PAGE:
Last edited: 12 November 2014
Cooking with the sun at 58° north latitude. I never knew such a thing was possible!
Garden plants were and still are a great hobby of mine. I searched the net for garden plants, and came across a site called Plants for a Future. There was, among others, a link to an ecovillage site, very interesting, and there was some mention of solar cooking and a link to http://solarcooking.org. I found the plans for solar cookers very interesting, and since I had some time at my hands, I started fooling around with cardboard and aluminum foil at once. Of course none of the plans were designed to solar cook in the far north, but it would be fun trying. I never really imagined that it would be possible to cook a full meal at 58° north, but at least it would be possible to show my science pupils something about solar energy.
Surprise, surprise! They work here too!
First I made a CooKit and a Reflective Open Box cooker (ROB). This was at the end of February, the sun was low in the sky here at 58° north. There was snow on the ground, but the ambient temperature was on the just above freezing. I realized that I must tilt the cookers to catch the low sun rays. I used half liter fruit cans for cooking pots, and put them in clear plastic jugs for insulation (greenhouse). The ROB brought the water to an active boil, the CooKit got to 91 °C (196 °F).
Now I really got interested. I searched for more information and plans, and decided to try to make a Heaven's Flame cooker and a Twelve-Sided Parvati cooker. Then I made a bigger Parvati too, 80 cm diameter.
The problem of stands
Now the real challenge was to create stands for these cookers and the cooking pots. Here in the southern part of Norway ( in northern Europe) the sun gets to a little less than 55° above the horizon at noon in midsummer, and to a little more than fifteen degrees in midwinter. It would be really useful to be able to catch low sun rays. With help from the local blacksmith, the stand for the 80cm diameter Parvati was made. The 60 cm diameter Parvati got a stand made mostly from wood. I used an old baby carriage for the Heavens Flame.
Now for the cooking of real food!
The suggestion from Prof. Roger Bernard to use a salad bowl to keep the heat in around the pot proved really helpful. I made soup in the Heaven's Flame, and cooked rice in the Parvati cookers. Delightful! After a while I used the Parvati most, because it needed no turning for two hours. I made casseroles, cooked potatoes, vegetables and fish, and even made bread which tasted really good.
But what if the sun shines for only a short while, and the temperature is below freezing point?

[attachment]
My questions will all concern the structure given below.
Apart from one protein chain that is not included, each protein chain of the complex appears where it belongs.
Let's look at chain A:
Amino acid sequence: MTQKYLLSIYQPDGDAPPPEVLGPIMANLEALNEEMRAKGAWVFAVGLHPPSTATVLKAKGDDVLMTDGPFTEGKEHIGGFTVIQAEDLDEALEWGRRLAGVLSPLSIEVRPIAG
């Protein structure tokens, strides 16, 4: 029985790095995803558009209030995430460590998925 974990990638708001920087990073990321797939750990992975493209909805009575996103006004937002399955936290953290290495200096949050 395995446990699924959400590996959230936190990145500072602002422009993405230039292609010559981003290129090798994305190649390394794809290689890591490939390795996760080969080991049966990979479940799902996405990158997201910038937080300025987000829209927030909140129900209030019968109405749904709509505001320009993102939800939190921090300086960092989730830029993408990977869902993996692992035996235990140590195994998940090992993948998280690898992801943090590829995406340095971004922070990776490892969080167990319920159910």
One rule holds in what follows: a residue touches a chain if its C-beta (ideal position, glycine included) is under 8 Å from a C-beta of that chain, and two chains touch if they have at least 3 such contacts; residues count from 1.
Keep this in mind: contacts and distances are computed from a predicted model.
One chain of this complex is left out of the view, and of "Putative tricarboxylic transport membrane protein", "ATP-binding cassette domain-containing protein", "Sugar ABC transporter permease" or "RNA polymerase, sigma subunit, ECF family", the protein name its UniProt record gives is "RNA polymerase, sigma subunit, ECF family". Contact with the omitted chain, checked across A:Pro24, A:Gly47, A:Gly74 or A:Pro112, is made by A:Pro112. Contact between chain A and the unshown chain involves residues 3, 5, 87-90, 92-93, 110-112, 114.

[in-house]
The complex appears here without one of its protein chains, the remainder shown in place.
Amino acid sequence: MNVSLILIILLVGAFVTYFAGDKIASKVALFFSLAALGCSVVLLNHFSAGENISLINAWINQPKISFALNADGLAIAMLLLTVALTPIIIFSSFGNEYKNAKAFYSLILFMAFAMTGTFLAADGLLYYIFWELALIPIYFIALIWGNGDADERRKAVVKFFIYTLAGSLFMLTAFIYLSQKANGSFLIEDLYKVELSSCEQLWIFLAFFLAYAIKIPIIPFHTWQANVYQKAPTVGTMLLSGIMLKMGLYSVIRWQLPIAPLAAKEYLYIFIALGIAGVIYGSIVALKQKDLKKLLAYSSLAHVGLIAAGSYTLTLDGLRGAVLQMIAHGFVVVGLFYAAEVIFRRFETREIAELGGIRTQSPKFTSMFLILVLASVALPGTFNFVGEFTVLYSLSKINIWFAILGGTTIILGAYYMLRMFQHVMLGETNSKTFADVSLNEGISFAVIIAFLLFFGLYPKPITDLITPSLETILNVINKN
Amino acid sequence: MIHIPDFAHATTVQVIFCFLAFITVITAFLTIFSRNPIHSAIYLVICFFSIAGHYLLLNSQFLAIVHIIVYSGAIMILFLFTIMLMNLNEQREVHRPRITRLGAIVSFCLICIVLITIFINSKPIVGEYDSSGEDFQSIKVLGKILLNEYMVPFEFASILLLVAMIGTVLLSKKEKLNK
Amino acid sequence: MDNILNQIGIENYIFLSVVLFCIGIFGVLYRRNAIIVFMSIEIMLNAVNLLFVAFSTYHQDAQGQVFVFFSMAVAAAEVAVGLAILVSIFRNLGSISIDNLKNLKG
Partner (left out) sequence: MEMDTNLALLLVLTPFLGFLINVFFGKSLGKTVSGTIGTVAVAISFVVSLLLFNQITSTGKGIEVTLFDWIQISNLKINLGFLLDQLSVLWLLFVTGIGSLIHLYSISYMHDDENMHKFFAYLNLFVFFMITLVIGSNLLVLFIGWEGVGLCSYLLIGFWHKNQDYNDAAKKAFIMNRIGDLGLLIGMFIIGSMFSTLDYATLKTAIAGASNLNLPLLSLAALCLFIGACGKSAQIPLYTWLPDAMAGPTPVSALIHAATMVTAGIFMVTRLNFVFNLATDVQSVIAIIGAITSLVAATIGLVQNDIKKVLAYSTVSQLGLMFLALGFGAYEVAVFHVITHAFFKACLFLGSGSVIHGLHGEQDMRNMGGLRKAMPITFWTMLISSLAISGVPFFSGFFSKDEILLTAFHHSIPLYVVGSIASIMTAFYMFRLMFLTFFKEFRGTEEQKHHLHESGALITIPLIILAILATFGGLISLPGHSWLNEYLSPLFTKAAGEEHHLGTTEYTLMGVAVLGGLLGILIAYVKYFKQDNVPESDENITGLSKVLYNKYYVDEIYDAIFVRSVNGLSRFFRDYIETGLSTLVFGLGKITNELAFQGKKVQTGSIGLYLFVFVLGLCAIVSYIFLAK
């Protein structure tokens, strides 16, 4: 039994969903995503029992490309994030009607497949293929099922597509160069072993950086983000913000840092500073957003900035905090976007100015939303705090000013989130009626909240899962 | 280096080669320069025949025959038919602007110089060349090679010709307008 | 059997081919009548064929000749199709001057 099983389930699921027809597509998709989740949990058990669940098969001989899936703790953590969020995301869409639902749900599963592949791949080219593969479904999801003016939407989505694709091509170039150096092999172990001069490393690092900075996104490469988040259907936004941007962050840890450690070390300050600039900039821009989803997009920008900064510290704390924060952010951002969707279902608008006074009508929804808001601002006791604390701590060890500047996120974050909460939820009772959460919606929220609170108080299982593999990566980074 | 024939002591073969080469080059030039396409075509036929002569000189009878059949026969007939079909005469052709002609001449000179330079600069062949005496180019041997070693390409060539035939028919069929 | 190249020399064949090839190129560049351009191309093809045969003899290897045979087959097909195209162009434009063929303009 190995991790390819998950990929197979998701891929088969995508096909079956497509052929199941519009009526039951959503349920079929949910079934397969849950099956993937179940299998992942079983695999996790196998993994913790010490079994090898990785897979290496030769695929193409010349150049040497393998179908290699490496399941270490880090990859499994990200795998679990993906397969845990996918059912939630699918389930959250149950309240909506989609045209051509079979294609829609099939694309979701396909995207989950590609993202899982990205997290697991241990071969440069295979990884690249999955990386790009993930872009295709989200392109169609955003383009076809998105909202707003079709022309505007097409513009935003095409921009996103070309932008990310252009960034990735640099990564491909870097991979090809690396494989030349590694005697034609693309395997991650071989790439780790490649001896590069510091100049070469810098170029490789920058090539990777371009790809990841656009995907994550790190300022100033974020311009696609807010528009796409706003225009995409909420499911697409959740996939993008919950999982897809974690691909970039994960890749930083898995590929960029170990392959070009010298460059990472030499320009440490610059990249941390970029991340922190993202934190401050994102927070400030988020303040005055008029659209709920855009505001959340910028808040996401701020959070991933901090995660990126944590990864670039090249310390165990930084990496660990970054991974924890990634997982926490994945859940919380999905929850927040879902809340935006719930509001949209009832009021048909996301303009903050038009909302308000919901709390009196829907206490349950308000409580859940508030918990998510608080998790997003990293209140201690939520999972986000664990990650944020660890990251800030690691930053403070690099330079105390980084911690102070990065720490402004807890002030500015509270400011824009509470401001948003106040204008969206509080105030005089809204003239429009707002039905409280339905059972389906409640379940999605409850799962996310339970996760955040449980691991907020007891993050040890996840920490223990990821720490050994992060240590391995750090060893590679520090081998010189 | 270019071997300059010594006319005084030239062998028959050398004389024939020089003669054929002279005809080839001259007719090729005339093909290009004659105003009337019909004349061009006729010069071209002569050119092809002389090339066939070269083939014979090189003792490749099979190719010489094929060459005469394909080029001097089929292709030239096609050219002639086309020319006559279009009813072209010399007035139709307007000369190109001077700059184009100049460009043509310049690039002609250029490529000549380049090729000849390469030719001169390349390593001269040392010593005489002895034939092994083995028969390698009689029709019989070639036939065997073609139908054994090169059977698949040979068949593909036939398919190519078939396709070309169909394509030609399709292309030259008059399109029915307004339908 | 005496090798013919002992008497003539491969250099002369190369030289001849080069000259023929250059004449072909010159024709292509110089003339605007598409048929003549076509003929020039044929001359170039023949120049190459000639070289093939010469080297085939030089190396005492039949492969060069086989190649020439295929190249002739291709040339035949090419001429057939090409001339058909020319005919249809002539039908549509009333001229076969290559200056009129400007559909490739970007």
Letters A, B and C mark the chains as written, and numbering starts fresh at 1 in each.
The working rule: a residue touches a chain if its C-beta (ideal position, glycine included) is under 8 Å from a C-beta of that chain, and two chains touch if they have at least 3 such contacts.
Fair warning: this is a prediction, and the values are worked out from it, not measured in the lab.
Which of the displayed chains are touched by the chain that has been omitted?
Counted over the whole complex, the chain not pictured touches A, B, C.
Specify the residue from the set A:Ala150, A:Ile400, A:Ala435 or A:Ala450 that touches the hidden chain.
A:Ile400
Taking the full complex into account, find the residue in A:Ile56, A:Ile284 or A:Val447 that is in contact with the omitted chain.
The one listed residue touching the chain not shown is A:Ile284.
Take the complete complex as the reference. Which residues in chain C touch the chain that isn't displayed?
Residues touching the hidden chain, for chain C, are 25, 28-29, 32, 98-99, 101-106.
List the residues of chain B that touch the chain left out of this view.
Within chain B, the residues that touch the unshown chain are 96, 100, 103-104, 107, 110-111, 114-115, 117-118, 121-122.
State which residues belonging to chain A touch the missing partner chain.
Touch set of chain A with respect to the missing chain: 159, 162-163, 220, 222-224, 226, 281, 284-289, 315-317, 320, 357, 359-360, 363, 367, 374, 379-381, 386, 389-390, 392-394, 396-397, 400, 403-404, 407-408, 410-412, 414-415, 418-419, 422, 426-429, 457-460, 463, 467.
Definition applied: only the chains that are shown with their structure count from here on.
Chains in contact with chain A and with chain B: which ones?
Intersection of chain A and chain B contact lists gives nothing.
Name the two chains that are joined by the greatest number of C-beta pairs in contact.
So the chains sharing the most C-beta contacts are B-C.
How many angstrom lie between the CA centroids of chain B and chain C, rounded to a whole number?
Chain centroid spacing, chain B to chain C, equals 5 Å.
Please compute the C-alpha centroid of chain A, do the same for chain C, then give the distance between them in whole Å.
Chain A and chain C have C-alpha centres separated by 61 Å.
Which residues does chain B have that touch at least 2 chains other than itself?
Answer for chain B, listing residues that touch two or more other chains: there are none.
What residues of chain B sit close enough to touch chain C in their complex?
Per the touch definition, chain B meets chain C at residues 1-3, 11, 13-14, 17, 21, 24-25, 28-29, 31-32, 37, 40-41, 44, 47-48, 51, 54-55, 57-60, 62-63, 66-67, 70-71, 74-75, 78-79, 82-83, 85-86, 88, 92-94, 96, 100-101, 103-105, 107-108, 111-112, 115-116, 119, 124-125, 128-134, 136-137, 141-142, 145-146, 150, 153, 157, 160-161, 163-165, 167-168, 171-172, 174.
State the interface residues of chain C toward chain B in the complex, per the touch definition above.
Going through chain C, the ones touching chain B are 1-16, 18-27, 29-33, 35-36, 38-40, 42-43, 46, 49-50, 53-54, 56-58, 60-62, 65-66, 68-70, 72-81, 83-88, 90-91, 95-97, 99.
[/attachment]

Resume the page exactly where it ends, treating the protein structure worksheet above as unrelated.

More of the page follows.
Obviously some sort of parabolic dish would get the food boiling much faster. I looked at the SK cookers from Germany, but was surprised that they needed so long to get one liter of water to boil. I thought that some sort of greenhouse would shorten the heating time and make it possible to cook in winter when it was cold. There is one picture at the SCInet website of a parabolic dish with a black pot placed inside some sort of glass bowl. This idea stuck in my mind, so I decided to try as soon as I could find a way to make or get such a dish.
Then our local TV salesman generously provided me with a discarded dish. It is 120 cm wide and 130 cm high. It is not a symmetric dish, so when I had covered it with kitchen foil and directed it towards the sun, the focal point was very low, and the pot got all the heat from above, which I did not find practical. Then my husband helped me to make a stand from old bicycle parts. We turned the dish and made a hanging arrangement for the greenhouse and pot. Now the heat comes from below, like it does on an electric stove.
Caution: Using a recycled satellite parabolic dish requires careful use. Because this style dish has a shallow curve, it places the focal point quite high, close to the user's eyes. Looking directly at the dish from this location can cause severe eye damage. Most commercial parabolic solar cookers use a deeper profile curve to contain the focus point more closely to the dish.
Trying to be scientific
First trial: October 23 2005 at 3:00 p.m., ambient temperature 7 °C (45 °F). One liter of water boiled in 14 minutes.
Second trial: December 17 2005 at 12:05 p.m., ambient temperature -6.8 °C (20 °F). One liter of water boiled in 25 minutes.
This proves that solar cooking is not only for hot climates. Even people at high latitudes, e.g., Canada, northern Europe, northern Asia and southern South America can use the energy from the sun in more ways than we previously thought possible.
Brit Bakken Oedegaard is a solar cooking researcher and school teacher in Norway.